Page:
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‘I’ve been waiting for somebody to whoop my a–‘: New Jersey judge under fire for posting TikTok videos of himself lip-syncing to ‘inappropriate’ lyrics in the courthouse


Superior Court Judge Gary N. Wilcox. (Photo: Administrative Office of the Courts).

A tenured New Jersey criminal court judge appointed to the bench by former Gov. Chris Christie (R) is facing discipline over allegedly posting dozens of inappropriate TikTok videos, some even from chambers and courthouse hallways, that show the judge lip-syncing to sexually-explicit and profane lyrics.

Judge Gary Wilcox, 58, a judge who was appointed in 2011 to family court before being reassigned to the criminal division in 2016, is the subject of a complaint for posting 40 now-deleted videos on a public TikTok account between April 2021 and March 2023 under the pseudonym “Sal Tortorella.”

According to the filing, 11 videos “were inappropriate and brought disrepute to the Judiciary” in that they contained violent, sexual, or misogynistic content or showed Wilcox in chambers, in the courthouse, or lying in a bed wearing judicial robes while partially dressed.

A five-page complaint was filed Friday, June 30, by the disciplinary counsel for the Advisory Committee on Judicial Conduct. The allegations were strikingly graphic in their detail.

The filing alleges that in one video, Wilcox, “wearing a T-shirt with his face close to the camera, lip-syncs the following lyrics from Jump by Rihanna: ‘If you want it let’s do it. Ride it, my pony. My saddle is waitin’, come and jump on it. If you want it, let’s do it.'”

Another allegation says the judge appears in a video “while in chambers with law books visible behind him and wearing a suit and tie, lip-syncs the following: ‘All my life, I’ve been waiting for somebody to whoop my a–. I mean business! You think you can run up on me and whip my monkey a–? Come on. Come on!'”

In another video, Wilcox allegedly sports a “Beavis and Butt-Head” T-shirt while walking through the Bergen County Courthouse as “Get Down” by Nas — a song with explicit lyrics referring to a criminal case and courtroom shooting — plays in the background.

In still another video, the judge is said to appear seated in a car wearing a “Freedom of Speech” T-shirt and lip-syncing, “Go ahead baby. You hittin’ them corners too god damn fast. You gotta slow this mothaf—- down. You understand? I almost spilled my [Cognac] on this 200-dollar suit.”

One video allegedly flashed screen text while Wilcox smiled at the camera, while lyrics from the Busta Rhymes song “Touch It” could be heard: “She turned around and was tryin’ to put my d— in her mouth. I let her.”

The complaint also mentions a still-frame screenshot of Wilcox’s profile page, which showed the text, “100 followers! Thanks so much!!” followed by three smiling face emoji.

The ethics complaint charges that by posting the videos, Wilcox “exhibited poor judgment and demonstrated disrespect for the Judiciary and an inability to conform to the high standards of conduct expected of judges,” which “undermines public confidence in the Judiciary.”

Further, the complaint alleges that the conduct violates multiple judicial conduct rules which require judges to “observe high standards of conduct so that the integrity and independence of the Judiciary may be preserved,” to “avoid impropriety and the appearance of impropriety and to act at all times in a manner that promotes public confidence in the integrity and impartiality of the Judiciary,” and “to conduct their extrajudicial activities in a manner that would not cast reasonable doubt on the judge’s capacity to act impartially as a judge, demean the judicial office, or interfere with the proper performance of judicial duties.”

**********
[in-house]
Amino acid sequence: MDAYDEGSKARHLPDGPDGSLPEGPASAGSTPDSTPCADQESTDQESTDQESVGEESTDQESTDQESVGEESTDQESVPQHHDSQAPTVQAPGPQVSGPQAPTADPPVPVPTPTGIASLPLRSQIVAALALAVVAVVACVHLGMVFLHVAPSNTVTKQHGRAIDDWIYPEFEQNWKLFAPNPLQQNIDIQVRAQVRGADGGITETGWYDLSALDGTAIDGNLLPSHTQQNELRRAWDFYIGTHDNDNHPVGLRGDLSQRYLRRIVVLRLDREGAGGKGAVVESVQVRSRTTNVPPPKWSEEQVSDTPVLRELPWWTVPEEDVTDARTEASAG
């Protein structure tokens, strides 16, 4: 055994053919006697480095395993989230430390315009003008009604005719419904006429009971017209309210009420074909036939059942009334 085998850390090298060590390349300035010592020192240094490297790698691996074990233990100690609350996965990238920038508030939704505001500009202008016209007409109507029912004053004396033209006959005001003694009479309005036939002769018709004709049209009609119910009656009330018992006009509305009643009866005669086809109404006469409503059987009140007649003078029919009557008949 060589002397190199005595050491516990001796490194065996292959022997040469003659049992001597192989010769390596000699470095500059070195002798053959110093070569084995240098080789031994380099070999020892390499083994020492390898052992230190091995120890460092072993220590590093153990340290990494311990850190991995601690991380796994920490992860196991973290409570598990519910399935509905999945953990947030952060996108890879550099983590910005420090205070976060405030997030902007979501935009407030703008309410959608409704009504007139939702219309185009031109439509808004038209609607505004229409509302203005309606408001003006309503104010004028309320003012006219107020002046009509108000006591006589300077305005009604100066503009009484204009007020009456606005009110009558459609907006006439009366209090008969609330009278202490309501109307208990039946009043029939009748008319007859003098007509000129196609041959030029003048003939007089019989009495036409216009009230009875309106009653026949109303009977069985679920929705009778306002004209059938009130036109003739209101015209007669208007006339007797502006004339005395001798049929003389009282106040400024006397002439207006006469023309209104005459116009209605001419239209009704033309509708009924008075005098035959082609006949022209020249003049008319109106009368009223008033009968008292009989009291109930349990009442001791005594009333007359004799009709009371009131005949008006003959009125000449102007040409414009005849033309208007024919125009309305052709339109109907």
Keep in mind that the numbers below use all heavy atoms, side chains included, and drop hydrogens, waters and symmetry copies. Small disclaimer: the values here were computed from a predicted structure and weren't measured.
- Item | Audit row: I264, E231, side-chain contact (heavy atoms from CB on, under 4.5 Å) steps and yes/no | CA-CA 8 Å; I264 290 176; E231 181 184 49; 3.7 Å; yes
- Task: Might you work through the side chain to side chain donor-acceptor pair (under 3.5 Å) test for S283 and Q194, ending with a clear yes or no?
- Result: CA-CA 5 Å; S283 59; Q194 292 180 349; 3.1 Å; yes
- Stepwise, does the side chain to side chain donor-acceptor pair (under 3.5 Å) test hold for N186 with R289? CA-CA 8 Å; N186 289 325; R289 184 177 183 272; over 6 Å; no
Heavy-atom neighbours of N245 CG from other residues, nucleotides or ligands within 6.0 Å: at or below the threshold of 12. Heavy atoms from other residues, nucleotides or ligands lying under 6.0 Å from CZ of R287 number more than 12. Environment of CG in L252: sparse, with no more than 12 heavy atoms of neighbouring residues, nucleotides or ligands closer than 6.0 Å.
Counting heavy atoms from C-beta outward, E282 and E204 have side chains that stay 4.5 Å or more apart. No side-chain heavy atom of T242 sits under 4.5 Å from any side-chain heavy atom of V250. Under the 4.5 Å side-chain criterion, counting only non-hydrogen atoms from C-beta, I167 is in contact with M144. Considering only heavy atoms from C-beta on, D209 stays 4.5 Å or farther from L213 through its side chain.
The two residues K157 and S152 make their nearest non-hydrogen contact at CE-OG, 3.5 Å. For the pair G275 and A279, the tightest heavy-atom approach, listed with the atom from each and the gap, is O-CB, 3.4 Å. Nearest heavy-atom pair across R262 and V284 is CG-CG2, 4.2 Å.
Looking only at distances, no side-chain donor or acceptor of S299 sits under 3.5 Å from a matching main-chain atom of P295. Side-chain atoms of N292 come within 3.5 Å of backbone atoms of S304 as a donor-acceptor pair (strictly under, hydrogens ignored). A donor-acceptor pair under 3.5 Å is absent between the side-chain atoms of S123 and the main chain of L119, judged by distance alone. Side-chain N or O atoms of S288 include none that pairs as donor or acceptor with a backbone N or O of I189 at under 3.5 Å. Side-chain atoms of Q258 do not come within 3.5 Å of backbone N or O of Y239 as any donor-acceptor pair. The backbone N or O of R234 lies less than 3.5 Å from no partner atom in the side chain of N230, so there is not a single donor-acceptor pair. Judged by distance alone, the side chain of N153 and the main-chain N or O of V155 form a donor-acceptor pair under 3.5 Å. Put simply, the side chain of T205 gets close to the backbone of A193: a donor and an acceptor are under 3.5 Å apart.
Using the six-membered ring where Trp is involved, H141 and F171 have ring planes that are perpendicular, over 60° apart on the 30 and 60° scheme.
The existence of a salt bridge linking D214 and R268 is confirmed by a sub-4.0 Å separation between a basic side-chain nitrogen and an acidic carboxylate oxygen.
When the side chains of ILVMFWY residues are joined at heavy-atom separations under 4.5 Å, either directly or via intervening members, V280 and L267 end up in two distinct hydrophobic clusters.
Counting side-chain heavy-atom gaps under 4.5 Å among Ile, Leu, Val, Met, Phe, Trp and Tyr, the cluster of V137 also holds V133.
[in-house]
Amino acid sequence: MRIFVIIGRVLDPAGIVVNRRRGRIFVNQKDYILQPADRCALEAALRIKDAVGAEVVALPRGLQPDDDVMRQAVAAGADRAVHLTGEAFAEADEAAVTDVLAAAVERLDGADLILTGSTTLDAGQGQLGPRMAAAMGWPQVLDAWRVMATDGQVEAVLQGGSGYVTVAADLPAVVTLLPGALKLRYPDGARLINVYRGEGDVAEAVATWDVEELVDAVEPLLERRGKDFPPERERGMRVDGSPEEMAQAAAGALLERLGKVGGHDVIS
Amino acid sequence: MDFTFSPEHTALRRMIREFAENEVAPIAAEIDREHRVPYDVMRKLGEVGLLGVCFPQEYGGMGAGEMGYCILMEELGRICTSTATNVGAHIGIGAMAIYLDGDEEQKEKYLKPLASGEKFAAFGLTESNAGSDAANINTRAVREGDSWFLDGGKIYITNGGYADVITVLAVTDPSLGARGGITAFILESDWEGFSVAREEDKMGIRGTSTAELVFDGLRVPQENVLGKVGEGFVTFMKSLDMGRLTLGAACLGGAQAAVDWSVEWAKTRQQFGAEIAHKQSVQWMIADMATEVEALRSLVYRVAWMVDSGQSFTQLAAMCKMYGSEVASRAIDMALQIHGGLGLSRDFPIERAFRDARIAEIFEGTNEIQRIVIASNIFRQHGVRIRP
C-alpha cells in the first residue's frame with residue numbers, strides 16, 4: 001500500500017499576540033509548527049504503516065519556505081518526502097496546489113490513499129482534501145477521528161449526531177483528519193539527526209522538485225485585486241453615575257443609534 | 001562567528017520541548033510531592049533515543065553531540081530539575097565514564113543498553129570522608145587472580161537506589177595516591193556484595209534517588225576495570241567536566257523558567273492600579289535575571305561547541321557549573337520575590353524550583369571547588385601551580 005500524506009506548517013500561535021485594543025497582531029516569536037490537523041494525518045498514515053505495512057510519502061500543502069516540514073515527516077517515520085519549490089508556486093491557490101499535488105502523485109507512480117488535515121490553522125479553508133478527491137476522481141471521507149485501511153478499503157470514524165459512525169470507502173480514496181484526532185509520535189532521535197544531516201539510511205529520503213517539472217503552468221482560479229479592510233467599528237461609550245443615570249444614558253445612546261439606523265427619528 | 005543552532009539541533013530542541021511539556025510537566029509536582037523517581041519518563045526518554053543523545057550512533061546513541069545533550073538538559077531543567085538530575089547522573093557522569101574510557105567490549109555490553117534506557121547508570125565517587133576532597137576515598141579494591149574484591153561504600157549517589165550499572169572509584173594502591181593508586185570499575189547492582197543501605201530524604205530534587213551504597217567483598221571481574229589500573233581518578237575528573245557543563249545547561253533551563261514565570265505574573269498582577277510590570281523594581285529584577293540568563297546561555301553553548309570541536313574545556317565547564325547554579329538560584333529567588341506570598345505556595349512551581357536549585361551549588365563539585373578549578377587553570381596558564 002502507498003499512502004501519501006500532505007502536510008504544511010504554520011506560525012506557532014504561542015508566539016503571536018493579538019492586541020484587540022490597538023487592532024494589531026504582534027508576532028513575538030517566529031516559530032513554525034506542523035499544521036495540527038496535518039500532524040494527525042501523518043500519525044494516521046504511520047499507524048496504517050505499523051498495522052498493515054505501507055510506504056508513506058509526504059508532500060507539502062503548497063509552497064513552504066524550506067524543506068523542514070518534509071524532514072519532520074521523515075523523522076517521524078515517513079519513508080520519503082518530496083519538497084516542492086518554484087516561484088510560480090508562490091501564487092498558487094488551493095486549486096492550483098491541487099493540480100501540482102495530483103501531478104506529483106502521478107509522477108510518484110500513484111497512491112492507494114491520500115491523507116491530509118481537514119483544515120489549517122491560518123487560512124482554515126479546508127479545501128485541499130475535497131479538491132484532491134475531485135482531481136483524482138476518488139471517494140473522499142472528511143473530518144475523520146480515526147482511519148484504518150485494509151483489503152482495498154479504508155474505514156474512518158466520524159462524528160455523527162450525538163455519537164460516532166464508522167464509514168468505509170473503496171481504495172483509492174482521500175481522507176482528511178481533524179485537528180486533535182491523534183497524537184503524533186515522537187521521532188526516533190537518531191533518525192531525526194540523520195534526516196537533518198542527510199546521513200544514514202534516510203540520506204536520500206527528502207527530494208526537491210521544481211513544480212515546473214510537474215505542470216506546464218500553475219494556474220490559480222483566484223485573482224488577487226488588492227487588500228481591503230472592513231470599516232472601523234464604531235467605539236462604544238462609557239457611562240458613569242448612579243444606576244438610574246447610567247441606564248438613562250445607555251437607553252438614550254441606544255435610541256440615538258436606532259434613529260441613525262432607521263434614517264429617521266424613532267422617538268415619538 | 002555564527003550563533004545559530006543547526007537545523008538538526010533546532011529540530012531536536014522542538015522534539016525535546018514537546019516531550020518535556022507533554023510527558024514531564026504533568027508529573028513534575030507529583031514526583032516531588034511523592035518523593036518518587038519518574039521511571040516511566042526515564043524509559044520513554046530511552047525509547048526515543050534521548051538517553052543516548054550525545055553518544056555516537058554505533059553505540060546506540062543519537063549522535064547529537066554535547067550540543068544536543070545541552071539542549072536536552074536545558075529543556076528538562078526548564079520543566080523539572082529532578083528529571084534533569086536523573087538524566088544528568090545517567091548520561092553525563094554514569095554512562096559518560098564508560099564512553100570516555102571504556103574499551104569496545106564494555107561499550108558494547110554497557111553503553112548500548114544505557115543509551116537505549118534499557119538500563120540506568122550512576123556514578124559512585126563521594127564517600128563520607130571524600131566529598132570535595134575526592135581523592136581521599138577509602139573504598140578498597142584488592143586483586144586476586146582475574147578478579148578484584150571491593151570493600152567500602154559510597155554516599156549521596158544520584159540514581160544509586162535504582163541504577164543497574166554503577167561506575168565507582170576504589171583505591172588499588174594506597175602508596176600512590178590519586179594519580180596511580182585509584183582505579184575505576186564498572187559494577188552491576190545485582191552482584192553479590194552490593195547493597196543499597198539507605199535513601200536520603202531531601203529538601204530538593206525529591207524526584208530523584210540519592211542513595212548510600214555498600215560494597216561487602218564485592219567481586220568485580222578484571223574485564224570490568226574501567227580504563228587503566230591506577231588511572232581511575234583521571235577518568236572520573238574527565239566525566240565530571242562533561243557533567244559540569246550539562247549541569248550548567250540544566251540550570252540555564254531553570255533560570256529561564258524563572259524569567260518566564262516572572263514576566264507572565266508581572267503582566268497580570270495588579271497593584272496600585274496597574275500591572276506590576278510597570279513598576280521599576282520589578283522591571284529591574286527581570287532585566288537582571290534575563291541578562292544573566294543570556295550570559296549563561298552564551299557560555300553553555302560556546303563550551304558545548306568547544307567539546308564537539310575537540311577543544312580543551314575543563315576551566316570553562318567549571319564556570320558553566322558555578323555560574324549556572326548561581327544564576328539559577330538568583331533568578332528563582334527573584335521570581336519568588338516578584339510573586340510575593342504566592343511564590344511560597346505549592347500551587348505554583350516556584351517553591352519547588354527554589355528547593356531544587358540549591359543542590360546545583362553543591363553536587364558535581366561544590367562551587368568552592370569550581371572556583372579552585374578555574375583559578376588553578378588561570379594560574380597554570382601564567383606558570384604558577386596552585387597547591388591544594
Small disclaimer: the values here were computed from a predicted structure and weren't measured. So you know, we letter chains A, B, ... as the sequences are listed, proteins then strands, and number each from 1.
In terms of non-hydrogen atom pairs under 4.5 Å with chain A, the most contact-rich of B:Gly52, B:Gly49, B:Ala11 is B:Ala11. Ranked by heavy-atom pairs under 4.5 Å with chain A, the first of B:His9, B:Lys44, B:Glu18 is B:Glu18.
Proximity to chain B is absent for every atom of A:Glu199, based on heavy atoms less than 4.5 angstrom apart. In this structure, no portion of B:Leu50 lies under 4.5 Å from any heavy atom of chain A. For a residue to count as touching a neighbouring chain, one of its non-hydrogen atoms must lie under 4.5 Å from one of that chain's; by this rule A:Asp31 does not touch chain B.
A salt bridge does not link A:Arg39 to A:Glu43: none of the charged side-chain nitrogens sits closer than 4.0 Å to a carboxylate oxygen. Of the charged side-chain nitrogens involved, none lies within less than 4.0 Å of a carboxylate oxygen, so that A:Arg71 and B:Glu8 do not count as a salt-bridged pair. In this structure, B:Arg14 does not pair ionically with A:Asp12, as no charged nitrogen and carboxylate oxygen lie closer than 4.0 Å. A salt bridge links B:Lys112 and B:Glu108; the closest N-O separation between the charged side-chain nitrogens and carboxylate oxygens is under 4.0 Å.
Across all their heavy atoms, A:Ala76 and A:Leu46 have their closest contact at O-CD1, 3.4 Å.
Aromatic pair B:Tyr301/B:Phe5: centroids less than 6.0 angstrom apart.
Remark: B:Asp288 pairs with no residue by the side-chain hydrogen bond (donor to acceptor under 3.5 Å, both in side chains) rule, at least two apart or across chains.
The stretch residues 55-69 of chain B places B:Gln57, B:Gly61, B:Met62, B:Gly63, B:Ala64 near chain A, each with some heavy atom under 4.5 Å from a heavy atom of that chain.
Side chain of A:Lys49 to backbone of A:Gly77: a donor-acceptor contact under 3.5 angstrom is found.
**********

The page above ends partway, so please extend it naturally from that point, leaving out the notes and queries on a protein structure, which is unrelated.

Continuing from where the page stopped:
Robert Hille, Wilcox’s attorney, told Law&Crime in an email that he planned to file a response to the complaint.

Wilcox graduated from the highly prestigious Harvard Law School and began practicing law in 1989. After serving as a federal prosecutor, Wilcox was appointed to the bench as a family court judge in 2011 by then-Gov. Chris Christie.

Although Wilcox himself is not permitted by the rules of judicial conduct to discuss the pending matter, Hille said that his client has been “an excellent and hard-working judge,” and that the videos, which have been taken down from all platforms, “had nothing to do with any case or litigant before him.”

“I don’t think that at the end of the day anybody is going to believe there was any desire to do any harm here,” Hille also said. “Hindsight is 20-20.”

Hille addressed the music contained in the videos that the complaint said was riddled with “profanity, graphic sexual references to female and male body parts, and/or racist terms.”

The attorney said the videos consisted of “only snippets” of music that is “in the public domain and created by mainstream performers.” Indeed, the complaint mentioned music by artists Rihanna, Miguel, Nas, and Busta Rhymes.

“Like all music, it will elicit a different response depending on who is listening,” Hille commented.

The Advisory Committee will likely schedule a formal hearing after receiving Wilcox’s response. If it finds that Wilcox violated the Code of Judicial Conduct, he could face disciplinary actions ranging from a public reprimand to removal from the bench.

You can read the full complaint here.

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Elura is a columnist and trial analyst for Law & Crime. Elura is also a former civil prosecutor for NYC's Administration for Children's Services, the CEO of Lawyer Up, and the author of How To Talk To Your Lawyer and the Legalese-to-English series. Follow Elura on Twitter @elurananos